Substitution in Ohio

Discussion in 'Substitute Teachers' started by cafekarma, May 13, 2014.

  1. cafekarma

    cafekarma Rookie

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    May 13, 2014

    Hi, everybody! I'm headed back to the US in July and am knee-deep in the process (and stress!) of finding a home for myself when I return. I understand that most of Ohio is currently over-saturated with teachers, but that is where I would like to live because my sister is there. I'm ready to be near family again. So, I would love to live in Columbus or Cincinnati. I have been considering working as a substitute while working on my masters degree. Then I would work my teaching magic in hopes of eventually gaining a full-time contract. My degree is k-k. I'm single, so this would be my only income. My question is this: would it be possible to work as a substitute in the districts surrounding either of these two cities and still be able to feed myself? I want to decide now whether moving to Ohio is worth the gamble, or if I should stick with the plan of moving to North Carolina, which has a greater need to teachers. Any help would be greatly appreciated. Thank you!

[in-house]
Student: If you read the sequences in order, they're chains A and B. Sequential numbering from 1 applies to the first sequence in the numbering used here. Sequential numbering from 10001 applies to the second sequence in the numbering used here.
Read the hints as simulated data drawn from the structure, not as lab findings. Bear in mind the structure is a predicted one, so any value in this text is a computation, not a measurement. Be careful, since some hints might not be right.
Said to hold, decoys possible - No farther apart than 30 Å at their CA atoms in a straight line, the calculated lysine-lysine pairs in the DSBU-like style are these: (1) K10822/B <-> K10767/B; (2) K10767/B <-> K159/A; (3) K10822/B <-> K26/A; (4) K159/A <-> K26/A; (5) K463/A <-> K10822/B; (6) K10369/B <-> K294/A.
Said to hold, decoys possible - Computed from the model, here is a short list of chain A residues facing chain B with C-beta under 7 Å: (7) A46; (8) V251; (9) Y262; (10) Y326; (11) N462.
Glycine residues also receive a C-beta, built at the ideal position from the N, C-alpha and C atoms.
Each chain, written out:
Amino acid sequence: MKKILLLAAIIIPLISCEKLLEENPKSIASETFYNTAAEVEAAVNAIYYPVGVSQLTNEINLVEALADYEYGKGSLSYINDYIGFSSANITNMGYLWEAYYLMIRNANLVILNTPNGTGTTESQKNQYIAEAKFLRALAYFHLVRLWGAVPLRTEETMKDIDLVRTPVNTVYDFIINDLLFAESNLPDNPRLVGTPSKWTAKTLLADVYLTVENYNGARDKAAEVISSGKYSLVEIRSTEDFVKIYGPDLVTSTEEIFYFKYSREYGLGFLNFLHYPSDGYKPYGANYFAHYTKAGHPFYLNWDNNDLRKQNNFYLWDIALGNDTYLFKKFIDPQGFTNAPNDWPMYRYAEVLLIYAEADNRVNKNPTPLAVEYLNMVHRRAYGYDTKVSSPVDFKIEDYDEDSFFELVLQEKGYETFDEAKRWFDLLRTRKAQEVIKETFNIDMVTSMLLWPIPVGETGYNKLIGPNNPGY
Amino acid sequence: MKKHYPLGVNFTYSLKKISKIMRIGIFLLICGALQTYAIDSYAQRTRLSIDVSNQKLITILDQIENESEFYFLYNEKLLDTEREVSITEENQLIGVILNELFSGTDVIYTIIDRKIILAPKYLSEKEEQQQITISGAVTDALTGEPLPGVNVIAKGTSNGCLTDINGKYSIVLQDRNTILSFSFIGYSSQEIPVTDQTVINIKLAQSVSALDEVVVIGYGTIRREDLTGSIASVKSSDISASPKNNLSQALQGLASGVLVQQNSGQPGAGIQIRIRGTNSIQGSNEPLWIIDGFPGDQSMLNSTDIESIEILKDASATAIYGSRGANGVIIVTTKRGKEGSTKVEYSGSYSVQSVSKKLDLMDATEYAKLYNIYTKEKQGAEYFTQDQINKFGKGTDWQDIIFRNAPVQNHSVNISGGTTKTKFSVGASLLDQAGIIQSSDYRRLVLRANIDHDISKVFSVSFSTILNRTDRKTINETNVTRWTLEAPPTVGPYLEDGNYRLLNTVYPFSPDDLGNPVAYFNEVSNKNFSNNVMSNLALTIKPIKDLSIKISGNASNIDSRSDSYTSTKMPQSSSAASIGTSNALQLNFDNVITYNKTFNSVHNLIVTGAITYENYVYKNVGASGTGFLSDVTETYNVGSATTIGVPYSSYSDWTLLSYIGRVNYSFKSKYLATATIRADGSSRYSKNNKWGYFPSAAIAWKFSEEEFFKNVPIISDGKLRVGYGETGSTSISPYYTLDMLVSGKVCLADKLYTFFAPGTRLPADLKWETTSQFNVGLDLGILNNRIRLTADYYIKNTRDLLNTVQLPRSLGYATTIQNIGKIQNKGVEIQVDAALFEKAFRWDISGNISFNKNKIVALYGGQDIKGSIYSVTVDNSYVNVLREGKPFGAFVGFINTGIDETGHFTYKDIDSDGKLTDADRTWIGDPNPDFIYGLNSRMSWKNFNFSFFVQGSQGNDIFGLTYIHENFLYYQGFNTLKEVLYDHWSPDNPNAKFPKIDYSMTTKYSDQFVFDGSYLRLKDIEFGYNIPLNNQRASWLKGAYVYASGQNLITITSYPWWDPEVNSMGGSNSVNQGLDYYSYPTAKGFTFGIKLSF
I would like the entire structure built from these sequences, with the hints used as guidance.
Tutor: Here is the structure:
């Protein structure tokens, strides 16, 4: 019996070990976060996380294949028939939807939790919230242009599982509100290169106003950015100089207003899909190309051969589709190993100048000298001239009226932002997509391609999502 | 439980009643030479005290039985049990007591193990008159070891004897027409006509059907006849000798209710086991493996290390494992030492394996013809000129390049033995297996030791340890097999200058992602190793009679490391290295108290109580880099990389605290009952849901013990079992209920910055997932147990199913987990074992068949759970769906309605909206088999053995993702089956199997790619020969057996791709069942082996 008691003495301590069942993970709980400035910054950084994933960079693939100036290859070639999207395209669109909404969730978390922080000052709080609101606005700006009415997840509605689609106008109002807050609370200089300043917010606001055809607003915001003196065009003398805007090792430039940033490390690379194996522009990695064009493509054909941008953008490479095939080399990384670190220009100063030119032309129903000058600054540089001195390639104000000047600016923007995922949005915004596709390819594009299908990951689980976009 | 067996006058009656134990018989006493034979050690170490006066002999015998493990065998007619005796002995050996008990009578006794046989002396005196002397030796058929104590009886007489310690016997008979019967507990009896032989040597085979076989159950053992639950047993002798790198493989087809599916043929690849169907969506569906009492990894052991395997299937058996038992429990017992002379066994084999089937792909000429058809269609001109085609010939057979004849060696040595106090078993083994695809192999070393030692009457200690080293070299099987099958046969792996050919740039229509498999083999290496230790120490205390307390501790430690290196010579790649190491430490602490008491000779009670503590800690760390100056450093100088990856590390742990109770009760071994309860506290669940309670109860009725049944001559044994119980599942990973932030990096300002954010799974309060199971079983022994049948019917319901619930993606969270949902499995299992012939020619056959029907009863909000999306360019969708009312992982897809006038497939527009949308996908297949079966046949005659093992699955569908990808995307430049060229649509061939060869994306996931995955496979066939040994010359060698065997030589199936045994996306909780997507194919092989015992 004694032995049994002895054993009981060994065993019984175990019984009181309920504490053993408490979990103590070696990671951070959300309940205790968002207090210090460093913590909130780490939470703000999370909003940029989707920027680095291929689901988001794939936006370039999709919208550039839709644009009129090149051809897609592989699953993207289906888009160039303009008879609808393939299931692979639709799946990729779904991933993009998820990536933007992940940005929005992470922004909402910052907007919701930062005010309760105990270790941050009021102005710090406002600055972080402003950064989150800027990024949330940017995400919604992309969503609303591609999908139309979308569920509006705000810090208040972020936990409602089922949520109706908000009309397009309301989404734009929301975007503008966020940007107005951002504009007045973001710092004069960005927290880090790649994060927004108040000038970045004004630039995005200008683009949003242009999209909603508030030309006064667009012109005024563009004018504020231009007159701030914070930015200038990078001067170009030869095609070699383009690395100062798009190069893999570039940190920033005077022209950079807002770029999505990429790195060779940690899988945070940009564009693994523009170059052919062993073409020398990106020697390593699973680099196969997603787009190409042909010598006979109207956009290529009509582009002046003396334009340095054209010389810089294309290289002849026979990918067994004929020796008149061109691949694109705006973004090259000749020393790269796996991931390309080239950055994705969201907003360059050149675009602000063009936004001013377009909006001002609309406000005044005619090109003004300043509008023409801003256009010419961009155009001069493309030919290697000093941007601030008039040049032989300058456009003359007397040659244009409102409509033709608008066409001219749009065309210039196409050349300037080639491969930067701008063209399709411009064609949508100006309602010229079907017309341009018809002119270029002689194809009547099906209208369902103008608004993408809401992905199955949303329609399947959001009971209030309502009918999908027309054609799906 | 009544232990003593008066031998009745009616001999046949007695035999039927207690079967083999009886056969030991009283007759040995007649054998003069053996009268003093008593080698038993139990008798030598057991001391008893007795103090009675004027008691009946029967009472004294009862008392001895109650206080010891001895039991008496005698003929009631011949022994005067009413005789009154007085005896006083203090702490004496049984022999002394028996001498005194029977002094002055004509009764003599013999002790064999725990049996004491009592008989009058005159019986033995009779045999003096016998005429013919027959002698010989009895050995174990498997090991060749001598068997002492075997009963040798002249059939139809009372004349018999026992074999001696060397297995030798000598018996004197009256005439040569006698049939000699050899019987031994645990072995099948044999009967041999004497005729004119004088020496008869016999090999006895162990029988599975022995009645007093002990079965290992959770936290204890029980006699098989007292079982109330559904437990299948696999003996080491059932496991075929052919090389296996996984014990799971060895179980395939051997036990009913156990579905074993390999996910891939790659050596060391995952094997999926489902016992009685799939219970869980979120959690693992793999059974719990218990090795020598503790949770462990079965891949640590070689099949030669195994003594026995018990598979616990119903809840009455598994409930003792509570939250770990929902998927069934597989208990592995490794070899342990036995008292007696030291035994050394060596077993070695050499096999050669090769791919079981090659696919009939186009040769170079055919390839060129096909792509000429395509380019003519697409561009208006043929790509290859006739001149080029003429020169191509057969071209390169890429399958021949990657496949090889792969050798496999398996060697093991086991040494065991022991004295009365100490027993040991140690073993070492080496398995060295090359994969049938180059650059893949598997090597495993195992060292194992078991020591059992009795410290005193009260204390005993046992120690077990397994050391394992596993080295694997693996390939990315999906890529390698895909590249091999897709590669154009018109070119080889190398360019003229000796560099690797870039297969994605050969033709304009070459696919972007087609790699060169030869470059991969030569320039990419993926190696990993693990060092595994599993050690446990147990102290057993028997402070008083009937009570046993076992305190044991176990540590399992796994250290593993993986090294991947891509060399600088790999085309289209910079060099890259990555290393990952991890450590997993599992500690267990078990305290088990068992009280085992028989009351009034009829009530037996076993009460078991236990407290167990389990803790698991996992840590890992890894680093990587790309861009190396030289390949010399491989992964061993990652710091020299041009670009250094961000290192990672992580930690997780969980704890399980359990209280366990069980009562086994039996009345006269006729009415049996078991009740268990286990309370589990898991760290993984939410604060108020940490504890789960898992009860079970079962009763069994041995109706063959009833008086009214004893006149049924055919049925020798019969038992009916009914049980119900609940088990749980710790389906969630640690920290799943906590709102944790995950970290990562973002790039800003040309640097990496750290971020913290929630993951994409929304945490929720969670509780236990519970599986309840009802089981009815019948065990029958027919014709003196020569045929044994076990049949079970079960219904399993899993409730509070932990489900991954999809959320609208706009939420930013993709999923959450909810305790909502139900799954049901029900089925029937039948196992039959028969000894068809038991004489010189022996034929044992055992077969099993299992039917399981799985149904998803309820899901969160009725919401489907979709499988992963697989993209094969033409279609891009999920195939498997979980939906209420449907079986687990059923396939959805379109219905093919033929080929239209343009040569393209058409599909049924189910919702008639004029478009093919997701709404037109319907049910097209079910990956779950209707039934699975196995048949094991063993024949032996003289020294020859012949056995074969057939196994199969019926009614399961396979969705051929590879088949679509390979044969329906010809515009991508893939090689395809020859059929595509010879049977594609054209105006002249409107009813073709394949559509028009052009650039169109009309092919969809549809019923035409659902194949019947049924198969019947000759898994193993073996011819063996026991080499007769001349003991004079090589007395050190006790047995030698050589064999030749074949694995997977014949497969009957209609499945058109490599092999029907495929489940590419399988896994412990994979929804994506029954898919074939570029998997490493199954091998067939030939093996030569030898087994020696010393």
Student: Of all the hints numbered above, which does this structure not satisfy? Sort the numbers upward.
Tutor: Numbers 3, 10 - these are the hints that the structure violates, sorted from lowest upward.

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  3. K1teach

    K1teach Companion

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    May 13, 2014

    I live near Cincinnati and we have a sub shortage. However, I know the pay has decreased in the last several years. :(
     
  4. catnfiddle

    catnfiddle Moderator

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    May 13, 2014

    I subbed in the Columbus area for several years and enjoyed it. One of the best places to start, should you come to the center of the state, is the Educational Service Center. They provide subbing for several districts in Franklin County. Columbus City Schools has their own substitute program.
     
  5. cafekarma

    cafekarma Rookie

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    May 13, 2014

    Great information! Thank you both. Would it be possible to work though more than one substitute program to make sure that I get as much work as possible?